All Rights Reserved © 2015 Thomas W. Day
One of the most hostile reviews I've ever written and had published was of my frustrating experience with my Wolfman Enduro Bag. As much as I've hated that damn thing, I didn't find a suitable replacement for a V-Strom tank bag until Giant Loop came out with the Kiger. To sum up this review in one sentance, everything I had come to dislike about the Wolfman bag is a non-issue on the Kiger.
First, even with the rain cover, the Wolfman (and practically every other enduro-style tank bag) isn't particularly water-resistant. The first day I installed my Kiger I taught a Basic Rider Course at Century College where, about two hours from the end of the range-portion of the course, we were hit with a gully-washer. I had my V-Strom covered, but I had to pull the cover because the wind was so strong the bike was rocking hard enough I thought it might topple off of the centerstand. I hadn't double-protected my stuff with the Kiger's optional dry bag and the storm hit so quickly I didn't have time to latch one of the bag's buckles. 40mph-plus winds blew the rain parallel to the ground for a half-hour, blowing over half of our motorcycles, flooding the drains, and drenching everyone and everything; except the stuff inside of my Kiger tank bag. At least three inches of rain fell in that short cloudburst and none of it, not one drop, made it into my tank bag. First test, passed.
The Kiger and my V-Strom on an urban "adventure" during the Minneapolis Art-a-Whirl.
The next big issue I had with the Wolfman Enduro was stability. The Wolfman bag's "laminated foam sides" quickly turned to saggy pillows that took up space in the bag while providing ziltch for support. Initially, the Wolfman Enduro bag was the only substantial-sized bag I could find that was narrow enough to stay out of my way when steering, but when the foam sides failed so went the steering clearance. The Kiger's zipperless-clamshell design and materials make the bag almost rigid. The zipper-less, clamshell lid defines the top portion of the bag's structure and the foam-reinforced 22-ounce vinyl-coated polyester foundation holds the overall shape. The 4-point security system keeps it all exactly where I want it. The zipper attachment to the harness makes the bag easy to swing aside for a gas fill and the whole thing (except the harness) comes off easily so you take the bag with you. The Kiger is a 9 liter bag--rear 9.5″ tall, front 6″ tall, 8″ wide, 12″ long--which is large enough for a bike cover, gloves, boot covers, some tools, with space left over for stuff in the interior mesh pocket.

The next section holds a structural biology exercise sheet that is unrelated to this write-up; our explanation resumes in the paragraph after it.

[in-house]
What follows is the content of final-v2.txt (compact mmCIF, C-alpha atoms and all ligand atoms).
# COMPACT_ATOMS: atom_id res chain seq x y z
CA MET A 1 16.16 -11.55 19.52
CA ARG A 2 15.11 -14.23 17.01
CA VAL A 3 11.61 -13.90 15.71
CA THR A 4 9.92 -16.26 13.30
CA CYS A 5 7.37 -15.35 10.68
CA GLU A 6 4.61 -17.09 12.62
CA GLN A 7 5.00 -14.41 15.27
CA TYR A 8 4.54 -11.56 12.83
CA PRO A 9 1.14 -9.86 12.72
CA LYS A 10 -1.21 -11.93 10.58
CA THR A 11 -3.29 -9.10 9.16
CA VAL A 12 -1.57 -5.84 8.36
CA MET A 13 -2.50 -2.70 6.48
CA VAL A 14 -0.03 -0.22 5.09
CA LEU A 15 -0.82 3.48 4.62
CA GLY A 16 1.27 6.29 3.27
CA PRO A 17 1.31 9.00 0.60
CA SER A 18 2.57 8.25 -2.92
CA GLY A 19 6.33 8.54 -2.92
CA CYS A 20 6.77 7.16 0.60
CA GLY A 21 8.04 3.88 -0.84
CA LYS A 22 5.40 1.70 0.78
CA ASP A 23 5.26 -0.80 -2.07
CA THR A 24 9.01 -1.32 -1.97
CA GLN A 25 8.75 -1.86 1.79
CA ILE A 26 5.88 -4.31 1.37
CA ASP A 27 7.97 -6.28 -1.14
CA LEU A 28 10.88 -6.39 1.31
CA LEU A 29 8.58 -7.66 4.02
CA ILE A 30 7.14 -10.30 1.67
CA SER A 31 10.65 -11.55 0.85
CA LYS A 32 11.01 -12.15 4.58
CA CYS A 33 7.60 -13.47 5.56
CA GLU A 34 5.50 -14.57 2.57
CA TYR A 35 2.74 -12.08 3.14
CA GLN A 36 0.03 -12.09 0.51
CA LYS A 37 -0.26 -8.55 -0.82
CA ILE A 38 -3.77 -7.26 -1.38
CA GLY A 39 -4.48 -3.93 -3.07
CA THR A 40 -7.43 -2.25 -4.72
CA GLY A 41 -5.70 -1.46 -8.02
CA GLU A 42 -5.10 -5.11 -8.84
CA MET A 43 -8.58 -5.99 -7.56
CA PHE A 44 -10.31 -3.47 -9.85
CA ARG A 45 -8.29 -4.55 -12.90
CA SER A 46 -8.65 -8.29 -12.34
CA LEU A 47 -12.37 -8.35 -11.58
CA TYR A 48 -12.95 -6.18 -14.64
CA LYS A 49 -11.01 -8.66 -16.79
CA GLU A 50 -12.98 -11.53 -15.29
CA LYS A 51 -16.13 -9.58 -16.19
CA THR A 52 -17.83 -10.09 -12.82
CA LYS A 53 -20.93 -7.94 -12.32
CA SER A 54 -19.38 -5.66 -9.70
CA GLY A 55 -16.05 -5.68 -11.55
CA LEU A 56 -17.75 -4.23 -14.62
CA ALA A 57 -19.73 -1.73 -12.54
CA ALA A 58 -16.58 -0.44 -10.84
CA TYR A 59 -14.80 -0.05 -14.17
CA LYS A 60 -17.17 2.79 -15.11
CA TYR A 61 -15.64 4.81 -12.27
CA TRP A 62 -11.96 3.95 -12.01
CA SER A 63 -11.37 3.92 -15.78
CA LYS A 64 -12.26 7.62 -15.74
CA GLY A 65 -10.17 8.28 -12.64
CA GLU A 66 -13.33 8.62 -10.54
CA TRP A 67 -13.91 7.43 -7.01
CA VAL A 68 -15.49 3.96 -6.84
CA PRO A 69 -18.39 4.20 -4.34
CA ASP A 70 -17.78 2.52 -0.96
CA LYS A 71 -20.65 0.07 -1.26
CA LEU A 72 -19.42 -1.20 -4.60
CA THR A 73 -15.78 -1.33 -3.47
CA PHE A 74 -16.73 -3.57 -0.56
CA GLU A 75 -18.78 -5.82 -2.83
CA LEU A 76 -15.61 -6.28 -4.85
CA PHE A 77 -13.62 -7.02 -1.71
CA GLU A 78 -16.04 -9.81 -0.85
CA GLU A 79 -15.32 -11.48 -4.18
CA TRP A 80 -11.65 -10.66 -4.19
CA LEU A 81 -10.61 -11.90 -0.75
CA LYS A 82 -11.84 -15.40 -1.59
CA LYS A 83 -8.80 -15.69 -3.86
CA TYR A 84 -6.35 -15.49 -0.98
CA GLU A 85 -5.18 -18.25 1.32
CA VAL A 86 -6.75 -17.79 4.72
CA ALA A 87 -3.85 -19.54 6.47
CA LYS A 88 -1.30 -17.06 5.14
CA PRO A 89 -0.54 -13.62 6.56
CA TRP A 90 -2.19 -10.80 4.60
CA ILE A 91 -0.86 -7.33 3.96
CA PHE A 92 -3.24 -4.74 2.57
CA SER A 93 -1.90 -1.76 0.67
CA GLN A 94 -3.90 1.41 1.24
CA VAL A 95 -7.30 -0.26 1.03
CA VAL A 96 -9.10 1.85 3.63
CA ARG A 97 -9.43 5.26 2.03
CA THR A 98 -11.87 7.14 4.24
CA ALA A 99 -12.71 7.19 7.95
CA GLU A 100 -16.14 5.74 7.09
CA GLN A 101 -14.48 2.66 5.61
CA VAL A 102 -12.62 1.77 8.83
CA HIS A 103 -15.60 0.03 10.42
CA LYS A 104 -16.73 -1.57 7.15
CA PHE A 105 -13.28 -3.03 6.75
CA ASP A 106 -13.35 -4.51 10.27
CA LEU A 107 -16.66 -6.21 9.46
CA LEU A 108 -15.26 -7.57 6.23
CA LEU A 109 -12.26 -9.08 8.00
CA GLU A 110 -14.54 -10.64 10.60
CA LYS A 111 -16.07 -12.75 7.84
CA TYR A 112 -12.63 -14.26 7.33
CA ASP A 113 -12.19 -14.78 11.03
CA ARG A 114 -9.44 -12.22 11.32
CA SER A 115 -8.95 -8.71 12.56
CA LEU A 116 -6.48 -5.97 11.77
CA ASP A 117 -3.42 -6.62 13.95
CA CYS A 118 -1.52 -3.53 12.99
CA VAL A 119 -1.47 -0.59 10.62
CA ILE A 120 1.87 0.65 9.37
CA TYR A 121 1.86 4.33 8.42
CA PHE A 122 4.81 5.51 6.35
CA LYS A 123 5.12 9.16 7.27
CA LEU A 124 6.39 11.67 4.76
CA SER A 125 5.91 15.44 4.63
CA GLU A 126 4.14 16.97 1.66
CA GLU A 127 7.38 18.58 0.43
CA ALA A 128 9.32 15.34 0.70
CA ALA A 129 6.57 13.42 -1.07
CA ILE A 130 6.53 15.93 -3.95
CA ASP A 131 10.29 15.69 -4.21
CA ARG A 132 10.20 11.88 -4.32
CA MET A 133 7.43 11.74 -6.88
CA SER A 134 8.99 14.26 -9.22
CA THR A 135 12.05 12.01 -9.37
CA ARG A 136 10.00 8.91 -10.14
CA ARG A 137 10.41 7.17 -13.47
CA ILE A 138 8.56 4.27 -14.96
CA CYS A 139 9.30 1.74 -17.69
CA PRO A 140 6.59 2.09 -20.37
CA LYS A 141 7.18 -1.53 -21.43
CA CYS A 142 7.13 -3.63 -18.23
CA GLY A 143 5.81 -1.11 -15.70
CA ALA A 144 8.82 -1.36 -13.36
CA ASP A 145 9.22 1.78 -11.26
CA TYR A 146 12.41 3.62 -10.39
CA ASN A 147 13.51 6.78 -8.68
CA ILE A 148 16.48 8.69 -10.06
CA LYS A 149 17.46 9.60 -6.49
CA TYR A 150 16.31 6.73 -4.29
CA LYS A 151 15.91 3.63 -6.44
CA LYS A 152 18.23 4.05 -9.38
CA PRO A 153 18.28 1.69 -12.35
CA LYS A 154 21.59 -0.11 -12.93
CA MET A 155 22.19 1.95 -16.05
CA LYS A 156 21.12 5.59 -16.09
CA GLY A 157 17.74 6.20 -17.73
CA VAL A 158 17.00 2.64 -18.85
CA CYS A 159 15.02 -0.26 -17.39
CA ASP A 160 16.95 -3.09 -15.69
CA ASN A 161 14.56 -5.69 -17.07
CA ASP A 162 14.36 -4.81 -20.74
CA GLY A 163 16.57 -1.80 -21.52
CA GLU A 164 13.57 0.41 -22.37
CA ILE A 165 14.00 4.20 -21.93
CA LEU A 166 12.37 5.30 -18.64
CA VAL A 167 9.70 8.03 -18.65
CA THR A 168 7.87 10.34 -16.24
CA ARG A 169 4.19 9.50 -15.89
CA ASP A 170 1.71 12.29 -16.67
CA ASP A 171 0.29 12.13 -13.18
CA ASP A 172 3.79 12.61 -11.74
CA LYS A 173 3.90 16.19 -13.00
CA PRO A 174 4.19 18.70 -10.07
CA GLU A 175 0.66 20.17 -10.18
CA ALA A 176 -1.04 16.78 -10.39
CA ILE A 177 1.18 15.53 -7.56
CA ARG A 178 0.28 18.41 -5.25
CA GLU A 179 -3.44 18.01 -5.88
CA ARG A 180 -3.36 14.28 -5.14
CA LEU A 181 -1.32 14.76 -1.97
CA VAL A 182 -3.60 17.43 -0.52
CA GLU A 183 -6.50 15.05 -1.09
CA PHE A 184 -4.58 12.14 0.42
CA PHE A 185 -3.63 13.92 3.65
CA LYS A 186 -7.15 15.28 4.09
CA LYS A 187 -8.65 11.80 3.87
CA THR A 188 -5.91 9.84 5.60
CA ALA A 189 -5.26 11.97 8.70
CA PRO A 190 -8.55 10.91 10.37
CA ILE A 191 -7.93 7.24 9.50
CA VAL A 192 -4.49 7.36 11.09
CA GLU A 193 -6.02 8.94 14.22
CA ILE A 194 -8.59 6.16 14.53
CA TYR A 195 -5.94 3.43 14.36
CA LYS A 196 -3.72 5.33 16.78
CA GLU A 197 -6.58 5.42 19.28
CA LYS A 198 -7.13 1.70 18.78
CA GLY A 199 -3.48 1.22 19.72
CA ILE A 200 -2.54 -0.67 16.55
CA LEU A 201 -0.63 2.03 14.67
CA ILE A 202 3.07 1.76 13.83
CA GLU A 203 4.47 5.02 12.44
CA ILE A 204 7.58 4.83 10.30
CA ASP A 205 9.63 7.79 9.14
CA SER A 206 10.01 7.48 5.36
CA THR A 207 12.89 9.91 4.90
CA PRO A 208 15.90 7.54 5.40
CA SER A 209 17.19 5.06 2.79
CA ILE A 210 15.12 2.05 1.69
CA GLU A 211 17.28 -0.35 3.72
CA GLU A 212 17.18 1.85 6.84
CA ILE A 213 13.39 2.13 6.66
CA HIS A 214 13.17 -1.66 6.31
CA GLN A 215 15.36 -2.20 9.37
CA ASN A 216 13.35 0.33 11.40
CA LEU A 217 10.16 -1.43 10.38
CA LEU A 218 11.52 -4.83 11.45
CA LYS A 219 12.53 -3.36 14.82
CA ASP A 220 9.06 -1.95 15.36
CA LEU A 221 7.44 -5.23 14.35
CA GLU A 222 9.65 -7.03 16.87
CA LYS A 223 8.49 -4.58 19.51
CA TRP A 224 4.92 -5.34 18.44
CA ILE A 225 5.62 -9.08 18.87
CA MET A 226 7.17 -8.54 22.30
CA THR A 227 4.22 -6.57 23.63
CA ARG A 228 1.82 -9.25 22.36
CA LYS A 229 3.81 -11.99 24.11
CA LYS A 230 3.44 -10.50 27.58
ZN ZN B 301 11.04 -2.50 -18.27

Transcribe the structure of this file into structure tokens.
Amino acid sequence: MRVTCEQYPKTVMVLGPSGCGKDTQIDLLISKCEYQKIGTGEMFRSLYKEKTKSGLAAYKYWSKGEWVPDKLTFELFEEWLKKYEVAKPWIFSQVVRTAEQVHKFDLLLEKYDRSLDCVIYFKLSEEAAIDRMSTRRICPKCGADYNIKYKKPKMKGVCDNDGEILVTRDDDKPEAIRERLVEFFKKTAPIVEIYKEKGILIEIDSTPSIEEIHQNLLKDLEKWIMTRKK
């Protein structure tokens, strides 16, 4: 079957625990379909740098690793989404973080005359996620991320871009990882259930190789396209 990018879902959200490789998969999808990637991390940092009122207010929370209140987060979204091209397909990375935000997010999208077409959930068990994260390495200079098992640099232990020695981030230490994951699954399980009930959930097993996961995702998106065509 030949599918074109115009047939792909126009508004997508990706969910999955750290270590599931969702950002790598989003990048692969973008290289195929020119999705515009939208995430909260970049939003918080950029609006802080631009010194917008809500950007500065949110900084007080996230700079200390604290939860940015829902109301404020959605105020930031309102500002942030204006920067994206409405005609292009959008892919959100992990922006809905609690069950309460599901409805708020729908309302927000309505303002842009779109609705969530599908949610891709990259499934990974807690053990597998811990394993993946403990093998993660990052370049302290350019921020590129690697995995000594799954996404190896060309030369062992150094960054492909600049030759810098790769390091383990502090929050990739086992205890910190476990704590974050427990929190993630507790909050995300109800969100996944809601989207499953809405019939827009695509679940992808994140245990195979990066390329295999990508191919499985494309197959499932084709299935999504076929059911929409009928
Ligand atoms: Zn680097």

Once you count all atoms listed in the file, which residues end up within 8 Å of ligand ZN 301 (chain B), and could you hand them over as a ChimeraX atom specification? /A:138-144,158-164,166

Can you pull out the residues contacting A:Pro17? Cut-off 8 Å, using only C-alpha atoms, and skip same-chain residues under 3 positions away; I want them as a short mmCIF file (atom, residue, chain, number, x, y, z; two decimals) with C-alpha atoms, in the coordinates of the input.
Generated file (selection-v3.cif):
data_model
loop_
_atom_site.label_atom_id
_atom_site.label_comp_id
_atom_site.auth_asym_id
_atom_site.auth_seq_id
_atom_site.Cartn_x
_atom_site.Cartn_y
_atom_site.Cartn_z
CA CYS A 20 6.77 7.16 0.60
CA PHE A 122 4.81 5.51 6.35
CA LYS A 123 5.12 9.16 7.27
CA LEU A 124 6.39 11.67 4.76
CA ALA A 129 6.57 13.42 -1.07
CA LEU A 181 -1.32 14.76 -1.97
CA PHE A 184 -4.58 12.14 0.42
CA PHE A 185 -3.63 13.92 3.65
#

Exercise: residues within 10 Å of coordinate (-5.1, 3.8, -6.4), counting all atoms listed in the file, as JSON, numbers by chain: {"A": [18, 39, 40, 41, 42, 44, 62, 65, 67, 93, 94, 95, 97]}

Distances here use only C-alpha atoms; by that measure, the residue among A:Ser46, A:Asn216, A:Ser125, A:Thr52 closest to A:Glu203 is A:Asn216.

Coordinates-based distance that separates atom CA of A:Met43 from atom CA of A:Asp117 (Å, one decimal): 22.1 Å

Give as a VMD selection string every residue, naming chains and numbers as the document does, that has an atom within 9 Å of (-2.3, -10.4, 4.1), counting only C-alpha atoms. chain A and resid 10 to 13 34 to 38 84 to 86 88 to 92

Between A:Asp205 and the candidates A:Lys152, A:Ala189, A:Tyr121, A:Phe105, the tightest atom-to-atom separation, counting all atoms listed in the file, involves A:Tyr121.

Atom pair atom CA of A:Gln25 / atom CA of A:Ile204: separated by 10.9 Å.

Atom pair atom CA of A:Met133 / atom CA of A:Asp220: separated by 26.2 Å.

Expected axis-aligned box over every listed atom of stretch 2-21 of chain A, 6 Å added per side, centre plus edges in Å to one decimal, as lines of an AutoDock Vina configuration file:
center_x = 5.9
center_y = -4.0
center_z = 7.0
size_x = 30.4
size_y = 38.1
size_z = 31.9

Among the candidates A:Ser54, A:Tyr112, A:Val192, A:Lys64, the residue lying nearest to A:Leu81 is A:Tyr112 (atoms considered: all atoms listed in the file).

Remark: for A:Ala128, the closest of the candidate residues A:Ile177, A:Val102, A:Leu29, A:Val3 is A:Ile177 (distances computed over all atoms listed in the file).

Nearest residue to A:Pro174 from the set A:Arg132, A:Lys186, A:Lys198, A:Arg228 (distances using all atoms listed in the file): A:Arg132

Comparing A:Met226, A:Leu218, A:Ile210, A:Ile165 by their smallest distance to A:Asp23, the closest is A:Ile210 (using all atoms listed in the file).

I'm still unclear on how this works, but it does. The clear vinyl map pocket is touchscreen-friendly; even when I'm wearing my Aerostich Deerskin gauntlets. This is a big deal, since I'm cheap and my Garmin GPS is a long ways from waterproof. There is a water-tight route for a power cord (USB on mine) into the map pocket, so running out of juice can be avoided.
Everything I wanted for this bit of travel storage was provided by Giant Loop's Kiger. It's a great bag and one that I fully expect to outlive my V-Strom and end up on whatever my next bike turns out to be. As always, the best place to buy Giant Loop products is directly from the company's website: https://giantloopmoto.com/.